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One trick to controlling our actions (or inactions)

Updated: Jul 29, 2022

Being disappointed in ourselves is nothing new in life. We all do it. Maybe when it happens, we hear a voice from our past, like from the adults that raised us, or a sibling, or a particularly critical partner. The voice might be saying something like, “you’ll never be good at that” or “once a quitter, always a quitter.” For me, the voice is silent, but it clearly communicates a solemn disappointment. It’s a pressure I put on myself, I know. When I share this with others who love me, I’m told, “give yourself some grace”, “it’s about progress, not perfection.”, and while these well-intentioned words are nice to hear, they don’t take away the question of why I held back.

In January, I, along with millions of others, joined a gym and group exercise class. It had been quite a while since I had been in a group class, and I was immediately reminded of the dynamics of the environment. Some of the folks knew each other and there were other newbies like me. Some looked strong and others less so. I was very aware of my apprehension of this new class. Will I be able to keep up? Will I know what the instructor is talking about when they call out an exercise? Will I pick the right amount of weight or chose the right band to use? Since this was my first class, I decided to hold back a little – after all, it had been a while since I did this, and I don’t want to hurt or injure myself. The instructor looked at me a couple of times and said, “Bryan, are you OK with that weight? Maybe get a heavier weight for the next set.” I confidently replied with a “sure” as I knew she was right. The hour went faster than I expected and when it was over, I had this unsatisfied feeling come over me and a voice asking myself “Why didn’t you work harder? Why didn’t you give it your all? Why did you hold back so much?”

So, what can we do when we see that these feelings aren’t serving us well? Do we just accept them as being part of life, or can we grow from them? One of the many tools provided at Discovery Programs in Austin, Texas is seeing that these feelings or triggers are driven by fear. Yup, fear. In fact, all our actions, or inactions, are chiefly driven by our fears. I’m not talking about healthy fears like the fear of falling in a dangerous situation. I’m talking about the unhealthy fears that hold us back or keep us from trying. By understanding these fears, we can make progress in lessening their control of our actions.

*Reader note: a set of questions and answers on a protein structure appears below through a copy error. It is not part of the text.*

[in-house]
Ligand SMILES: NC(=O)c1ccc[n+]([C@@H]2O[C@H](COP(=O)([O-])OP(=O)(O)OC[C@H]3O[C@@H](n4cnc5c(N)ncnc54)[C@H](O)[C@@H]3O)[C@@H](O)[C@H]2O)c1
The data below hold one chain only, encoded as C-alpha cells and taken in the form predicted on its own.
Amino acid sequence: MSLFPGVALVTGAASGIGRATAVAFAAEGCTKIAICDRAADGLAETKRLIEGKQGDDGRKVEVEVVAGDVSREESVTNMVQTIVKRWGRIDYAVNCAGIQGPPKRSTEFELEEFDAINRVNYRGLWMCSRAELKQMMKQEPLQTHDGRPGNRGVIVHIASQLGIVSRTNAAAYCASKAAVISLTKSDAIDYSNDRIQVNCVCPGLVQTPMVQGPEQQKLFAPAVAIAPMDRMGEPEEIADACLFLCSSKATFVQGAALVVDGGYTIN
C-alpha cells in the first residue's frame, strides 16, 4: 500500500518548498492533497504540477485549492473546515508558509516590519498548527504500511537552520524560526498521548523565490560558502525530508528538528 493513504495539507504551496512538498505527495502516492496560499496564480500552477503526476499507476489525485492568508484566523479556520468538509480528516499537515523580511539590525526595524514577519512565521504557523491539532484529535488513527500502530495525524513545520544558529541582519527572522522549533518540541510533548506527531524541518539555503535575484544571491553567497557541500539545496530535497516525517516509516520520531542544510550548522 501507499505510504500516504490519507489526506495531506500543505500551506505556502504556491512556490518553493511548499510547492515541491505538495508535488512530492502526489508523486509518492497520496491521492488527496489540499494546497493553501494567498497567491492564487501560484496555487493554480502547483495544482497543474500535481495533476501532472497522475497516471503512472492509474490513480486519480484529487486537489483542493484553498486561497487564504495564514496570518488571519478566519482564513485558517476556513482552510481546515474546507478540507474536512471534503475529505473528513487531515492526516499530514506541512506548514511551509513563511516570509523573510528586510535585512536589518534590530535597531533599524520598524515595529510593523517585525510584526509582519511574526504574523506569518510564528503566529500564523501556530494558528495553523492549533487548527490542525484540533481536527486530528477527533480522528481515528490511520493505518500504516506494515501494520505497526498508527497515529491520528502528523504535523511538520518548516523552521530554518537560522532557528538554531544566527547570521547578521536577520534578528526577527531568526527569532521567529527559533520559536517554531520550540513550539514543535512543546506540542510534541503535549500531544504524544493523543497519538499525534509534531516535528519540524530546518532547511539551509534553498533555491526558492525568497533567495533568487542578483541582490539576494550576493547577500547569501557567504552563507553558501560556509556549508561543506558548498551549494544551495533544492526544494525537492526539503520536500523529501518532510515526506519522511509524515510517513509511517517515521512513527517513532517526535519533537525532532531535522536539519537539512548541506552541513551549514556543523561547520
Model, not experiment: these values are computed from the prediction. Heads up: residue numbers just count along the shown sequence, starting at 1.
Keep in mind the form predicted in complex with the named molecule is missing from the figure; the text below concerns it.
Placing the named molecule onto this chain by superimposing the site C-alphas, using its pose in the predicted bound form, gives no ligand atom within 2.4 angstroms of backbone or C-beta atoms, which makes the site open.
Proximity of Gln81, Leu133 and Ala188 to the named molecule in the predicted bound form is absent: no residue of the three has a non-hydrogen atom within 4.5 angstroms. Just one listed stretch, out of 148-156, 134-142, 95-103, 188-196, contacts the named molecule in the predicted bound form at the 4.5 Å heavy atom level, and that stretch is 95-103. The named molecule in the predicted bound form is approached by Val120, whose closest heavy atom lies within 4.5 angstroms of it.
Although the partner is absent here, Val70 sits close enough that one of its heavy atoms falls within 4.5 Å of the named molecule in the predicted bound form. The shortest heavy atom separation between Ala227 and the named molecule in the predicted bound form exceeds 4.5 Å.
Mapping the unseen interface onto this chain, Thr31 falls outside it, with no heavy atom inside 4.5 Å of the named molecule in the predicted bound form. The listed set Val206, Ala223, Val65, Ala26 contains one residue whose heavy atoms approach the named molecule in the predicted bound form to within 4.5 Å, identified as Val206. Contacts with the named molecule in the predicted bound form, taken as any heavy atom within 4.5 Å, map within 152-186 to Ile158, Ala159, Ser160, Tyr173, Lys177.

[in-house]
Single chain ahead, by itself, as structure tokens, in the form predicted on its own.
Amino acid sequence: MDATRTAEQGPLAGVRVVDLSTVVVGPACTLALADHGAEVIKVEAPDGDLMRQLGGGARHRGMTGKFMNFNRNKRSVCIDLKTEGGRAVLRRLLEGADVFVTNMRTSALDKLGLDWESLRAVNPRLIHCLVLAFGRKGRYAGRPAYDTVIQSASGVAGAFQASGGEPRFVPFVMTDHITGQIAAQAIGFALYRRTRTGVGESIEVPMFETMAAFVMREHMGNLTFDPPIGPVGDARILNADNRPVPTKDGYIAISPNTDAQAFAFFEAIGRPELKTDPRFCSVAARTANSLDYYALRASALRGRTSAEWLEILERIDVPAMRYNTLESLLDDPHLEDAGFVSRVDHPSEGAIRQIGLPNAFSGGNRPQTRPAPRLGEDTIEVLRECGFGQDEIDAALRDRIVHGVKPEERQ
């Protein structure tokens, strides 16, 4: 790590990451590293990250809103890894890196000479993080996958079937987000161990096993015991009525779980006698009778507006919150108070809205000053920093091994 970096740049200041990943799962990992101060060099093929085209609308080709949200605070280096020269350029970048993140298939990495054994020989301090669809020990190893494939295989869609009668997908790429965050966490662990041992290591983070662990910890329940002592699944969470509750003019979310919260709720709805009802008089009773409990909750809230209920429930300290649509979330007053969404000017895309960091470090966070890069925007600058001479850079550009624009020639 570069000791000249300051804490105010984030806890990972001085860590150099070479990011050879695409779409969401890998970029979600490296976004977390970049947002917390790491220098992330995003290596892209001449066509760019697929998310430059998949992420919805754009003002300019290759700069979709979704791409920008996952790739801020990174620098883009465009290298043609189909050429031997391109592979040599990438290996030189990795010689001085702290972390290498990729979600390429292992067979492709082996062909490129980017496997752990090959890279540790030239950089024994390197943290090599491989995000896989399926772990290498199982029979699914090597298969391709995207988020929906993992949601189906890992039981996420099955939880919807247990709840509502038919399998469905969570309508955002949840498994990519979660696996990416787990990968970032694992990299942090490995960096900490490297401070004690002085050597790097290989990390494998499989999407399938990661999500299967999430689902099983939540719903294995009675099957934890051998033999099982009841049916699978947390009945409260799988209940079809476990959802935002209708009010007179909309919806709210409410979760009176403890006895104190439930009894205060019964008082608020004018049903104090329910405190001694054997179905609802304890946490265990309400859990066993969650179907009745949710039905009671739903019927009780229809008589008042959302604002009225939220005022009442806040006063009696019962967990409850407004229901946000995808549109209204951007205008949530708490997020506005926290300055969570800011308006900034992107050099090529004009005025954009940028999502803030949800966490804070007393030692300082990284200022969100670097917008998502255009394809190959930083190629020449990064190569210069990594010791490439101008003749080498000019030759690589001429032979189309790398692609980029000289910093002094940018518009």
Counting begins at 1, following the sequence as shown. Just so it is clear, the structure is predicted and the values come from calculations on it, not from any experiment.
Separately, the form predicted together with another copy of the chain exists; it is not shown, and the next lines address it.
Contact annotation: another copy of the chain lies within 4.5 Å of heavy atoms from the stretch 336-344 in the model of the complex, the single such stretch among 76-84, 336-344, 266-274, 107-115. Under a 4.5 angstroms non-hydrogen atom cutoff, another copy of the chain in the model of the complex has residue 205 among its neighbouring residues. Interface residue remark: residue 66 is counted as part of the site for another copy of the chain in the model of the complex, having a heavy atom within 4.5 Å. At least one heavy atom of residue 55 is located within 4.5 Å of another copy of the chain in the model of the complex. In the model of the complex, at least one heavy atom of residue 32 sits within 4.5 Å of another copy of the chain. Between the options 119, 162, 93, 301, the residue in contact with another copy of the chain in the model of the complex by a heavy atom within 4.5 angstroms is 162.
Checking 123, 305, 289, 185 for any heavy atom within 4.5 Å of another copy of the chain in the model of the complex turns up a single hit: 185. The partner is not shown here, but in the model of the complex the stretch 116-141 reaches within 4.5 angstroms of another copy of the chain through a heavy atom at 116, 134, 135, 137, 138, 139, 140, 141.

In February 2014, I learned about a tool at Discovery that helped me with this. In fact, I’ve even facilitated the exercise that covers this tool! So, why do I still let these old fears control me? Well, because getting very good at something takes a lot of practice. And while I’m getting better at it, it still pops up from time to time. Going back to the group exercise situation, I can apply this tool and I can easily name the fear as being embarrassed in the class. But if I dig deeper, I can see that this is a superficial or “presenting” fear, and if I dig more, I’ll find a deeper fear. In my case, it’s the fear of not being good enough / not being worthy. And by understanding this, I can then try again, and feel good about my efforts.

We don’t always get the chance to do a redo (or a "do over"). But what a gift it is when we can try again. This is the power of learning what controls our actions and being able to face those fears head-on and to try again. That's the trick... stop and think about the role that fear is playing in these situations and you'll soon see your actions change. Oh, and at my subsequent group exercise classes… I pushed harder, and a few times, I had to sit out a set because I overextended. And when I did, I smiled and enjoyed a good laugh at myself!

- Bryan Smith

ANNOUNCEMENT: Closely related to this blog is an announcement of a new program for Discovery alumni. Quite often, we hear from Discovery graduates, those that have completed D1 Base Camp, D2 Ascent, and D3 Summit, that they wish they would have “played harder” when they went through the program. That’s why we created this program... to support our alumni in strengthening or realigning their path. See for details.

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